69 - Columbus, P.S., Hot and cold water redispersible polyvinyl acetate adhesives, 1981, Google Patents.
70 - Chrastil, J., Solubility of solids and liquids in supercritical gases. The Journal of Physical Chemistry, 1982. 86(15): p. 3016-3021.
71 - Kim, M.-S., S. Lee, J.-S. Park, J.-S. Woo, and S.-J. Hwang, Micronization of cilostazol using supercritical antisolvent (SAS) process: Effect of process parameters. Powder Technology, 2007. 177(2): p. 64-70.
72 - Van Ginneken, L. and H. Weyten, Particle formation using supercritical carbon dioxide, inCarbon Dioxide Recovery and Utilization2003, Springer. p. 123-136.
73 - Mahanty, S., J. Sruti, C.N. Patra, and M.B. Rao, Particle design of drugs by spherical crystallization techniques. Int. J. Pharm. Sci. Nanotech, 2010. 3: p. 912-918.
74 - Gupta, M., B. Srivastava, M. Sharma, and V. Arya, Spherical crystallization: A tool of particle engineering for making drug powder suitable for direct compression. Int J Pharm Res Devt, 2010. 1: p. 1-10.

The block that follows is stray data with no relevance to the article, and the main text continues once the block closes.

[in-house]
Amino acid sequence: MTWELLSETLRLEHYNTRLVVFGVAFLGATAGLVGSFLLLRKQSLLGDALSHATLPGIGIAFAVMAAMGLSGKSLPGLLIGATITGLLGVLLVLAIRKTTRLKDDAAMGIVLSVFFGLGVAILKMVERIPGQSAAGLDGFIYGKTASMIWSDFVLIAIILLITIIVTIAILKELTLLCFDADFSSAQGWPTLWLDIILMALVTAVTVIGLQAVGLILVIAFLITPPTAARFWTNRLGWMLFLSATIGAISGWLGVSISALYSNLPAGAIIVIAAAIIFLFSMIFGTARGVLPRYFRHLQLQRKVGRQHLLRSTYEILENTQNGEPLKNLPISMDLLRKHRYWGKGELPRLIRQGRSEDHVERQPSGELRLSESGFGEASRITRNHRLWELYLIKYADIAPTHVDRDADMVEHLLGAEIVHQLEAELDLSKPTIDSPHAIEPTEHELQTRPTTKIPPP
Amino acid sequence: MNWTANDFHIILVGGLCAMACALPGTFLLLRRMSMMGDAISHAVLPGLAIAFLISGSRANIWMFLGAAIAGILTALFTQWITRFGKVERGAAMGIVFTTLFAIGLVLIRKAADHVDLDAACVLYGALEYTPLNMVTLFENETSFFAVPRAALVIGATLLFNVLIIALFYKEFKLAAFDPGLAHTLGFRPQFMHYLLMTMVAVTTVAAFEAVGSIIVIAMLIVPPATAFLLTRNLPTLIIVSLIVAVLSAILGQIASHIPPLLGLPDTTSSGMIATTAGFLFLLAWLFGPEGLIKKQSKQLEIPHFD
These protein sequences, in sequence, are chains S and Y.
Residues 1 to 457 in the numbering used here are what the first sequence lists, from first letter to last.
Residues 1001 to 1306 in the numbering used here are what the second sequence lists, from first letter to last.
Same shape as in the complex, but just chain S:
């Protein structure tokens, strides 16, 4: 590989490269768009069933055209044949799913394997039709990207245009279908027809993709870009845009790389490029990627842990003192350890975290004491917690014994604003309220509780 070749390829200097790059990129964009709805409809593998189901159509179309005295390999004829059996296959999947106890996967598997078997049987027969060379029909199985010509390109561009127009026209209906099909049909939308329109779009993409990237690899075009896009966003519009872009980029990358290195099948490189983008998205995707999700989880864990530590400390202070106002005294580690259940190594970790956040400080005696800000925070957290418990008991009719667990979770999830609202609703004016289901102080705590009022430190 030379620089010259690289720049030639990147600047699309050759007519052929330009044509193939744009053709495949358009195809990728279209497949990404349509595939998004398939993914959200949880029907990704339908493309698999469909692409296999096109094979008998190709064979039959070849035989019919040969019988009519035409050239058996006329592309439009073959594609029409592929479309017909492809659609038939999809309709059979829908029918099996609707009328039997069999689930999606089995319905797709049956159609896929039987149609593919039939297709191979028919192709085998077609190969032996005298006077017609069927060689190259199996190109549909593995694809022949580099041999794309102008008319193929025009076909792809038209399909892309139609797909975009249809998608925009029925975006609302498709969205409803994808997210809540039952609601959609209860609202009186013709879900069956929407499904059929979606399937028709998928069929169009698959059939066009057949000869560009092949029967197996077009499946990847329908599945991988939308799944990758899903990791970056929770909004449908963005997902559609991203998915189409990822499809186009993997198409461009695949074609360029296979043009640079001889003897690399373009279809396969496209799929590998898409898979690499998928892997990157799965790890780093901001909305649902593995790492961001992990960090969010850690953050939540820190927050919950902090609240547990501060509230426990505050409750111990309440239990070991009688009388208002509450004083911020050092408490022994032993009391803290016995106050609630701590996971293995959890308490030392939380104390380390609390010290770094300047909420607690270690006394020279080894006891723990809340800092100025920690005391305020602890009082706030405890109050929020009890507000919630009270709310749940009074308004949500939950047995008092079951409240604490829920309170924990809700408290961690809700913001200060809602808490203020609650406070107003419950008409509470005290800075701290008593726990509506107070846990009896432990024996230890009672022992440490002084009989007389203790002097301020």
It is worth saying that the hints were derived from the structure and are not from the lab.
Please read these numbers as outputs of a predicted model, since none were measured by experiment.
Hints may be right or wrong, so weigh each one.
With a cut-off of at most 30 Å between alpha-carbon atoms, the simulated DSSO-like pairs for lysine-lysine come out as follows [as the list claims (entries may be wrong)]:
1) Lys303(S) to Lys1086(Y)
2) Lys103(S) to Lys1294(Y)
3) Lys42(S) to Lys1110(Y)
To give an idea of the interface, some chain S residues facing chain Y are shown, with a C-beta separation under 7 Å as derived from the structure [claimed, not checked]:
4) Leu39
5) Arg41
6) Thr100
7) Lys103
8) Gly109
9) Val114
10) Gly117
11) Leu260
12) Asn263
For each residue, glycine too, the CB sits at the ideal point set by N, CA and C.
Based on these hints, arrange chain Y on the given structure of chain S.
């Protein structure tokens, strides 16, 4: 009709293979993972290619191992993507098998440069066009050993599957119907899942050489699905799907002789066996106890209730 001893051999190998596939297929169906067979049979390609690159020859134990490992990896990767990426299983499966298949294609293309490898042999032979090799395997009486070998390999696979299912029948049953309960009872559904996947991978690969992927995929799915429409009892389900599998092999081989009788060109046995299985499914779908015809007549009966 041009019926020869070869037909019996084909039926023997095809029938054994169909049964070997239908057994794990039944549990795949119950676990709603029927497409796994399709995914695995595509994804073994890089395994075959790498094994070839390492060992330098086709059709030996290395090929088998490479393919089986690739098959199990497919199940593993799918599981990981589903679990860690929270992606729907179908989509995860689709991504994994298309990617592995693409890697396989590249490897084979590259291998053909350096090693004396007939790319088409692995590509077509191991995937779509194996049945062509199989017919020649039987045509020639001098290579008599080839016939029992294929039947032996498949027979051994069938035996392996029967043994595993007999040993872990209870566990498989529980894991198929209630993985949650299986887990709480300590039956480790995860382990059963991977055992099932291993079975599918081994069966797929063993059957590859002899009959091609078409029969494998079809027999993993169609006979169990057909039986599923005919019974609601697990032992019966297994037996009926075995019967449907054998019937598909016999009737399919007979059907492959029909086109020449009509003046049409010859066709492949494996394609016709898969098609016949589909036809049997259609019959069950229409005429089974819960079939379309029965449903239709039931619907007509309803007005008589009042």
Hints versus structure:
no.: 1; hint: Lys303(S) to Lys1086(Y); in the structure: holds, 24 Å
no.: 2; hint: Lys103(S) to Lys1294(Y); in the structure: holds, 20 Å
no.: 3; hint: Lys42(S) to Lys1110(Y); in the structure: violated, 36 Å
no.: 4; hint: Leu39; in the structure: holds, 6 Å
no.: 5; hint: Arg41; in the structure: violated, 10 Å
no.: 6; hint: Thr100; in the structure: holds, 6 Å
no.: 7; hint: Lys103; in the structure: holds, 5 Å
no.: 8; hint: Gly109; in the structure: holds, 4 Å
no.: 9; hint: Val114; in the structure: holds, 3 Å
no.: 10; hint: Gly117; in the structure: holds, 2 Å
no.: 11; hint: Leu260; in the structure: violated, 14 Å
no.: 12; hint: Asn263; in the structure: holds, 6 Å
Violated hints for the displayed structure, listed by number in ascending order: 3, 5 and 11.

75 - Parida, R., Evaluation parameters for spherical agglomerates formed by spherical crystallization technique. Int J Pharm Biol Sci, 2010. 1: p. 1-10.
76 - Paradkar, A., A. Pawar, J. Chordiya, V. Patil, and A. Ketkar, Spherical crystallization of celecoxib. Drug development and industrial pharmacy, 2002. 28(10): p. 1213-1220.
77 - Bharti, N., N. Bhandari, P. Sharma, K. Singh, and A. Kumar, Spherical Crystallization: A Novel Drug Delivery Approach. Asian Journal of Biomedical and Pharmaceutical Sciences, 2013. 3(18): p. 10-16.
78 - Di Martino, P., R. Di Cristofaro, C. Barthelemy, et al., Improved compression properties of propyphenazone spherical crystals. International journal of pharmaceutics, 2000. 197(1): p. 95-106.
79 - Mattox, D.M., Handbook of physical vapor deposition (PVD) processing2010: William Andrew.
80 - Mersmann, A., Crystallization technology handbook. Drying Technology, 1995. 13(4): p. 1037-1038.
81 - Burt, H.M. and A. Mitchell, Effect of habit modification on dissolution rate. International journal of pharmaceutics, 1980. 5(3): p. 239-251.